Today, Tomorrow, and Every Day After That: How Commercial Salmon Fishermen in Bristol Bay, Alaska Define and Work Toward a Sustainable Salmon Fishery. Public Deposited

http://ir.library.oregonstate.edu/concern/graduate_projects/3r074w760

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  • Rising human global population, appetite for seafood, and the effects of climate change have pushed commercial marine fisheries around the globe onto trajectories that are chillingly unsustainable. Input from fishermen on what it means to have a “sustainable fishery” is often absent or ignored. Some commercial fisheries are lauded for their sustainability. This study looked at the successful case of the Bristol Bay sockeye salmon (Oncorhynchus nerka) commercial fishery to determine whether, how, and why Bristol Bay commercial salmon fishermen conceptualize and work toward a more sustainable future for their fishery. Findings suggest that while fishermen care deeply about the sustainability of their fishery, they see their role in achieving that goal to be focused on advocating for their specific fishery to increase social capital, and taking steps to enhance the quality of their product to improve the economic viability of the fishery. In the course of the study, it became apparent that Bristol Bay fishermen were deeply concerned about and motivated to action by the proposed Pebble Mine. It was also revealed that fishermen might not have fully understood the roles and limitations of fishery managers when it came to public advocacy on issues like Pebble Mine. This may indicate that commercial fishermen and managers are on a course toward a toxic relationship, which threatens the sustainability of the fishery. Policy and research recommendations are included in the conclusion.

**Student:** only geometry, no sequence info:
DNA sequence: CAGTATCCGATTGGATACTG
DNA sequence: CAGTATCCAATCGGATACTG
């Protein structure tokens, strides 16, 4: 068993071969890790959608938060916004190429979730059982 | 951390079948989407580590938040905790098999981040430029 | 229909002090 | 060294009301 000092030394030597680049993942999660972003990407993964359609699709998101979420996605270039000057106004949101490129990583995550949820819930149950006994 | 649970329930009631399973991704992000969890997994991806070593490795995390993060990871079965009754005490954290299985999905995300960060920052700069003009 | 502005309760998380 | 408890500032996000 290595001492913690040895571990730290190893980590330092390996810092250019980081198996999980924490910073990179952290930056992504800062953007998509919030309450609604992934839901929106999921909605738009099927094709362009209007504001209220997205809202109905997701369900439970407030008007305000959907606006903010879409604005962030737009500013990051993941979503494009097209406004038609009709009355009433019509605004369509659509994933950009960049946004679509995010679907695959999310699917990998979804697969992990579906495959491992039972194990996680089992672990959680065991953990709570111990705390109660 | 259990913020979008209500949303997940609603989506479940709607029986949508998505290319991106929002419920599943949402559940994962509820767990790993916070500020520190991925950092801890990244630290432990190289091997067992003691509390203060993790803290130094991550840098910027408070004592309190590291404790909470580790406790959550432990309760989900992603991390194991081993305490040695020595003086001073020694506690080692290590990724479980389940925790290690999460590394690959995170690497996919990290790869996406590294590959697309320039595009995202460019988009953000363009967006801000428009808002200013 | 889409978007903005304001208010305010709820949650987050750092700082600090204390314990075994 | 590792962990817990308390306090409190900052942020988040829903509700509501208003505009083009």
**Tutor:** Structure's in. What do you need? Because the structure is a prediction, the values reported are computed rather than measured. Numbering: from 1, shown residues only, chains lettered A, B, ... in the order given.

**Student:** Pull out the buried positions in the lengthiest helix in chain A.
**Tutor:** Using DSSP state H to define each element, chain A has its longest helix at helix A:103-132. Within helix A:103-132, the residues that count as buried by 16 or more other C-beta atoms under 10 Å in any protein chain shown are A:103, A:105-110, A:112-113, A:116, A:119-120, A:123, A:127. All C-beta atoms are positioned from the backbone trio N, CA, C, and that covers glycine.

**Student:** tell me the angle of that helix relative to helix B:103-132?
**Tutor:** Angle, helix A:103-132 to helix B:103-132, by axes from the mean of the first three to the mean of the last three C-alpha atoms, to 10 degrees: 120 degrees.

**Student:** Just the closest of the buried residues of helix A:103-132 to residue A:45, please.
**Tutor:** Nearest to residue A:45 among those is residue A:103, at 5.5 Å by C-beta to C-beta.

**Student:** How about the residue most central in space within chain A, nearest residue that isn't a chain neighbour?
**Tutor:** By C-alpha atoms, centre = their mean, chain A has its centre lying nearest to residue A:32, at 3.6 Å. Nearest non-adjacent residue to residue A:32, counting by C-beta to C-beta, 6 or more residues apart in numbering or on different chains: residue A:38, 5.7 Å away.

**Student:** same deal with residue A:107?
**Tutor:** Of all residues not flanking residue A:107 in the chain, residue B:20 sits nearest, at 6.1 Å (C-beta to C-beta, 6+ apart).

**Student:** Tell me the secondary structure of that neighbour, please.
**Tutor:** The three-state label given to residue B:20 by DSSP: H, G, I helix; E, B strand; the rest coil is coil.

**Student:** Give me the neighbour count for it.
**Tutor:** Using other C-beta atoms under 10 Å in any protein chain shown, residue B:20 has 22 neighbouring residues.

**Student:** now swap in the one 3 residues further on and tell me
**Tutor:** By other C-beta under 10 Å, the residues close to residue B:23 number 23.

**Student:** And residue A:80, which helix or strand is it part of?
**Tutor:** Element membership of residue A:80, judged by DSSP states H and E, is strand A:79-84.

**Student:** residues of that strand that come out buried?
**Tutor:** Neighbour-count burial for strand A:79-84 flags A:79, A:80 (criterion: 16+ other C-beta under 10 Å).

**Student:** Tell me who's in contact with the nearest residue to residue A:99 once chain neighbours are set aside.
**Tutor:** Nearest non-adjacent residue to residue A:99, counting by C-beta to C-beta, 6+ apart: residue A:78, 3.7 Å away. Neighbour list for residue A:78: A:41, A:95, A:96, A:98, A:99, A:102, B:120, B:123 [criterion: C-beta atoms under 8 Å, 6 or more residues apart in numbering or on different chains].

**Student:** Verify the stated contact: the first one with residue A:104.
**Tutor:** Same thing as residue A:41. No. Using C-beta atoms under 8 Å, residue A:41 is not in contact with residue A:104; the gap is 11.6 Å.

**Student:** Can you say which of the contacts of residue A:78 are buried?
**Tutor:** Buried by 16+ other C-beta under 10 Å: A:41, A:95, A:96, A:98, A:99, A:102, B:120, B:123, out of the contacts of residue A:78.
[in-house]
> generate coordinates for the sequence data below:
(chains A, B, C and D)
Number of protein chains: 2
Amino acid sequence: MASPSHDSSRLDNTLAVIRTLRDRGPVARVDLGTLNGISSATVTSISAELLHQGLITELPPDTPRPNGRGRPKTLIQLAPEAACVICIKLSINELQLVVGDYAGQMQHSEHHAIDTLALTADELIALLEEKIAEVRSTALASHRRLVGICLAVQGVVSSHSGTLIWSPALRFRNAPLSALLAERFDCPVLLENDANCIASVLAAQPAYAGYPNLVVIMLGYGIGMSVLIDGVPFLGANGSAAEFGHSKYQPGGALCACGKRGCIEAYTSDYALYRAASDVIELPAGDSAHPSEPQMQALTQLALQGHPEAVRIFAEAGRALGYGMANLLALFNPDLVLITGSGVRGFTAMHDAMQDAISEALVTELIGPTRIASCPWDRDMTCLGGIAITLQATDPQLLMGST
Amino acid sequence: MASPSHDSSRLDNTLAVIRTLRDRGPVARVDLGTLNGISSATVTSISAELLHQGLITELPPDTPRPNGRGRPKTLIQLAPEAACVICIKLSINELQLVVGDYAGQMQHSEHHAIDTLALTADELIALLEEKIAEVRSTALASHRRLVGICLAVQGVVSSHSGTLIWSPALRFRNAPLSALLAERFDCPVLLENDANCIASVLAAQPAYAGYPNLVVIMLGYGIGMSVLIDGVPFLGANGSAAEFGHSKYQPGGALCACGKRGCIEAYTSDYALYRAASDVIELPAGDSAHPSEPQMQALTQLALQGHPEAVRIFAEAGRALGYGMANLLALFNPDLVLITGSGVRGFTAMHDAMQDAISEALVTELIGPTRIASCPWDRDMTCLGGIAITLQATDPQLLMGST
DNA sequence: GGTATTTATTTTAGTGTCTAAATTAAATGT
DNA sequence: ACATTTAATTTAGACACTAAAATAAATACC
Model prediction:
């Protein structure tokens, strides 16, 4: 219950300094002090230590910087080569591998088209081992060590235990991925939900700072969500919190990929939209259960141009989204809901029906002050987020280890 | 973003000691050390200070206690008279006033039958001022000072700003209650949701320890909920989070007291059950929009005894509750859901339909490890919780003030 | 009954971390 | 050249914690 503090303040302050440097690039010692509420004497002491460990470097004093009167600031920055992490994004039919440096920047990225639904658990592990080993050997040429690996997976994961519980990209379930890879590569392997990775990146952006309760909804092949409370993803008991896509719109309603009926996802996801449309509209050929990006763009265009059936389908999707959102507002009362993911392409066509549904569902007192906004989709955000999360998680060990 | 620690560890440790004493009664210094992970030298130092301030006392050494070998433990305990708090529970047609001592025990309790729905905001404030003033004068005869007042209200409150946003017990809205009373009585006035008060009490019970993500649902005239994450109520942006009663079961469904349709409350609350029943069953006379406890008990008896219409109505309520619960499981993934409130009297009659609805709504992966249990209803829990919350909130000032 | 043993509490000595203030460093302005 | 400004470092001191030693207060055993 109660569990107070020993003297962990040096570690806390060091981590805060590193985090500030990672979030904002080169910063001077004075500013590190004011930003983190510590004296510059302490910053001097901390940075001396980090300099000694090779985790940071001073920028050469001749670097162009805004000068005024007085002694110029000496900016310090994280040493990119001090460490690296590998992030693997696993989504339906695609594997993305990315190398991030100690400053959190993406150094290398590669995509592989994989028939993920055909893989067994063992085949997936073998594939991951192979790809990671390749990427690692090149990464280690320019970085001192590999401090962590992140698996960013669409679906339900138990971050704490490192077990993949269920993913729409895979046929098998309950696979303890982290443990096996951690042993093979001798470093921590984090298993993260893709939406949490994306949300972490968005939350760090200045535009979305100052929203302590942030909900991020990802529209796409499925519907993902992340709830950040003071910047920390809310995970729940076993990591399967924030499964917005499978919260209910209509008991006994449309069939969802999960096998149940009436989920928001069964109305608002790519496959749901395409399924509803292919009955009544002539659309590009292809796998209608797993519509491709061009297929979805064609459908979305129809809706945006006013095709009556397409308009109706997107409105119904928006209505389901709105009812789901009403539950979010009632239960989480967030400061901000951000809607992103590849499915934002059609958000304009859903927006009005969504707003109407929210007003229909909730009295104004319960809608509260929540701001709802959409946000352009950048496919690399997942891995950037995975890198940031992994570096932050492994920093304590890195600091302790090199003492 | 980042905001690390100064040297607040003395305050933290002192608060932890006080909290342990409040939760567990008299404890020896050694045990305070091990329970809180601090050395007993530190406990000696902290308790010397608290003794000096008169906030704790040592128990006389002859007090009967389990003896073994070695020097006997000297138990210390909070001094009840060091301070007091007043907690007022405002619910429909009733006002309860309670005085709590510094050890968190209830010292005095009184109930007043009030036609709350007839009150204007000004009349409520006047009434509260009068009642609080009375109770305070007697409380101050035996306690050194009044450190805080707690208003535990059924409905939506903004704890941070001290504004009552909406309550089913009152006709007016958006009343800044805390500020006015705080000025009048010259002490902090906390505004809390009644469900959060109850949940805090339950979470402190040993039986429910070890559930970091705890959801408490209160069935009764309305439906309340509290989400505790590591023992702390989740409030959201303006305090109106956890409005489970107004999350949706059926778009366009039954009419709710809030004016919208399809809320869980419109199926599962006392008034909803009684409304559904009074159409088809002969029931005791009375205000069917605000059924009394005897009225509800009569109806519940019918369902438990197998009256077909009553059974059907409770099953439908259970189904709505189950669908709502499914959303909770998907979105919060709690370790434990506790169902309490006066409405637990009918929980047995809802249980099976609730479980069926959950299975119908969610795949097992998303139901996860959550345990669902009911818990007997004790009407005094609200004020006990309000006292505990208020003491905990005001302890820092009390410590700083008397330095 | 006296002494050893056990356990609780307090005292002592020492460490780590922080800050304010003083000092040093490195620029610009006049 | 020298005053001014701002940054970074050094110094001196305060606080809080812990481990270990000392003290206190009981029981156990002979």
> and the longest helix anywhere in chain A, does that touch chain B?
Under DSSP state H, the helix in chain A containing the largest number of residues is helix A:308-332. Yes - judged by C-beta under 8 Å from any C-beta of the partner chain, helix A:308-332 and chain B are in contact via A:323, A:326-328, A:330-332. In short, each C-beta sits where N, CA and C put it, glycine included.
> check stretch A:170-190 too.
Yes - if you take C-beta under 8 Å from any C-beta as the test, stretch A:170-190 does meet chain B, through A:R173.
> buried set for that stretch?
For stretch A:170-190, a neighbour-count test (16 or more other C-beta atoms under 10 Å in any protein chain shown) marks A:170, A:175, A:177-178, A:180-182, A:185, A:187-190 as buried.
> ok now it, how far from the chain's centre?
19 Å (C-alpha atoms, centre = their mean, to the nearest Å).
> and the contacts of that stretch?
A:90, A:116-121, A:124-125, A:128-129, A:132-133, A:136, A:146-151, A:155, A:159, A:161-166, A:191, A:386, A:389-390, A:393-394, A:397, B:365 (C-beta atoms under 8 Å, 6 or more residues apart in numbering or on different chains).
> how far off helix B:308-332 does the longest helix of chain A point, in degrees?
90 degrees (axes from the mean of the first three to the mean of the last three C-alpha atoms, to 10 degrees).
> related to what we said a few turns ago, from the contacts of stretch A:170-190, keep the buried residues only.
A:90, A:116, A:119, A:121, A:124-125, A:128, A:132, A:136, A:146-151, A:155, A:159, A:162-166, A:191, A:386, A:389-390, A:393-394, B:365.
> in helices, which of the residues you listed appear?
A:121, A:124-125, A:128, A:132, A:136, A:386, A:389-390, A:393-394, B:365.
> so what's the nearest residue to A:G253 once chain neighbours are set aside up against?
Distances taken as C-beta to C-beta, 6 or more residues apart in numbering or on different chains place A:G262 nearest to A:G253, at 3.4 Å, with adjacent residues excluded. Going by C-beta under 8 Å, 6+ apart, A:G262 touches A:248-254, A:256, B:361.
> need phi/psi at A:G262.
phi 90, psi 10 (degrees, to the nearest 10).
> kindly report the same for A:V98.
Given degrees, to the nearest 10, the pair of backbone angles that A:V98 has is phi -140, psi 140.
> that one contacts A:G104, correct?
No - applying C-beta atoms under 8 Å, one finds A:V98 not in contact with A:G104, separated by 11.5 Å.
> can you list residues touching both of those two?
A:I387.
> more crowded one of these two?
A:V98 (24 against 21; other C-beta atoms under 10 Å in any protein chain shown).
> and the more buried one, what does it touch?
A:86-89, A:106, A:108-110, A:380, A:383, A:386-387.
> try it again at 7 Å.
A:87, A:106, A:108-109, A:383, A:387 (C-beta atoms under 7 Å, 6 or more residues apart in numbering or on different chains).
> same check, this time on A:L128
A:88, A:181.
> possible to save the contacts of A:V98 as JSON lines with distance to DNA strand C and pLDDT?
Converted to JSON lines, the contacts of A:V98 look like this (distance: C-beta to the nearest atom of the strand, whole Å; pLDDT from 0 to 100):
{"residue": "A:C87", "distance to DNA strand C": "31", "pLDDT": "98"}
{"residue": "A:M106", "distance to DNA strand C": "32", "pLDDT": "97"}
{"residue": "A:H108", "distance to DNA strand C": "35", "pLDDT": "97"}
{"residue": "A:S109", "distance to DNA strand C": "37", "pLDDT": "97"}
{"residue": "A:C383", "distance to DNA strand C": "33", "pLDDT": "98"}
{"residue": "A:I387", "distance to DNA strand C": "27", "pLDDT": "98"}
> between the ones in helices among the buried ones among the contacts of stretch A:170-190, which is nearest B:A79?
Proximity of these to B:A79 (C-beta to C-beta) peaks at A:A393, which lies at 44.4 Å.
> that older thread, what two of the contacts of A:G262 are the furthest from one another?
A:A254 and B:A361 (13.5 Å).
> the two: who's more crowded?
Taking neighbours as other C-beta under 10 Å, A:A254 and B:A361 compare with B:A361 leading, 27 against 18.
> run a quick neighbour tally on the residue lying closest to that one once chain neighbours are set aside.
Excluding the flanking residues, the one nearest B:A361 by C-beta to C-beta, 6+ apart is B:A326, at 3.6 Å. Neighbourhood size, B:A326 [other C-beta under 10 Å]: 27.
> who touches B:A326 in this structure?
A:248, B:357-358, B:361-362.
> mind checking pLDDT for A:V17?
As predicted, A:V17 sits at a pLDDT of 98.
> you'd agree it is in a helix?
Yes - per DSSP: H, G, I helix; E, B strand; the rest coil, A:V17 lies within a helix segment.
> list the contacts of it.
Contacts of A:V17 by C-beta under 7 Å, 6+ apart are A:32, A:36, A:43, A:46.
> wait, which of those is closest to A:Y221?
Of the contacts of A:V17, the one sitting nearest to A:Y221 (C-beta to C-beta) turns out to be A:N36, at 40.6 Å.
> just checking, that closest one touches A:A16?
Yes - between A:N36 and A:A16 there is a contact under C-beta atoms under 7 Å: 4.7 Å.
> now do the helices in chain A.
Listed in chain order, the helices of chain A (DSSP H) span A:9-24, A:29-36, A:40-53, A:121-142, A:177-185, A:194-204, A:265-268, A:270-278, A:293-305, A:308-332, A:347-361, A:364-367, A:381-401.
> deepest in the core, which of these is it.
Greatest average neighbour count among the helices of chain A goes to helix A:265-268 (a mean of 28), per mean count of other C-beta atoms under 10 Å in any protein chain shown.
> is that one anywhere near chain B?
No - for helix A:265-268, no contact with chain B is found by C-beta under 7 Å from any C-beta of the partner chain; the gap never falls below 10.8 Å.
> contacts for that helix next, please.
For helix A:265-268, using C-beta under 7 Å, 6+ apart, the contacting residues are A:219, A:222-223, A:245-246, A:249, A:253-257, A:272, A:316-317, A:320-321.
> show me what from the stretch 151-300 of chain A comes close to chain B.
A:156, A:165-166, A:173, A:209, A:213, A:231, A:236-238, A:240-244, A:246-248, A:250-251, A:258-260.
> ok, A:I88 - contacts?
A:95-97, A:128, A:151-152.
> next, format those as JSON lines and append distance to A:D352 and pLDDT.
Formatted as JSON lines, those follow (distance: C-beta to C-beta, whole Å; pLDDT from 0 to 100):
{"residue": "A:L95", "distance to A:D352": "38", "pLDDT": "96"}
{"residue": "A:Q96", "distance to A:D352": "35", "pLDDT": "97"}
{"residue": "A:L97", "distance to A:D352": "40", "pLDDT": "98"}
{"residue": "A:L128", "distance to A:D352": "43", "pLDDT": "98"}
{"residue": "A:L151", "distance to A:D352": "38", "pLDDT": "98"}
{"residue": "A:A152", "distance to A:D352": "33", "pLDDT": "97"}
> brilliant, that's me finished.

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  • description.provenance : Approved for entry into archive by Deanne Bruner(deanne.bruner@oregonstate.edu) on 2015-06-17T21:22:52Z (GMT) No. of bitstreams: 1 Kuletz_MPP_Essay.pdf: 925292 bytes, checksum: 9ea250aaebf022424a0d2847e08fab9e (MD5)
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  • description.provenance : Submitted by Brent Steel (bsteel@oregonstate.edu) on 2015-06-15T22:31:55Z No. of bitstreams: 1 Kuletz_MPP_Essay.pdf: 925292 bytes, checksum: 9ea250aaebf022424a0d2847e08fab9e (MD5)

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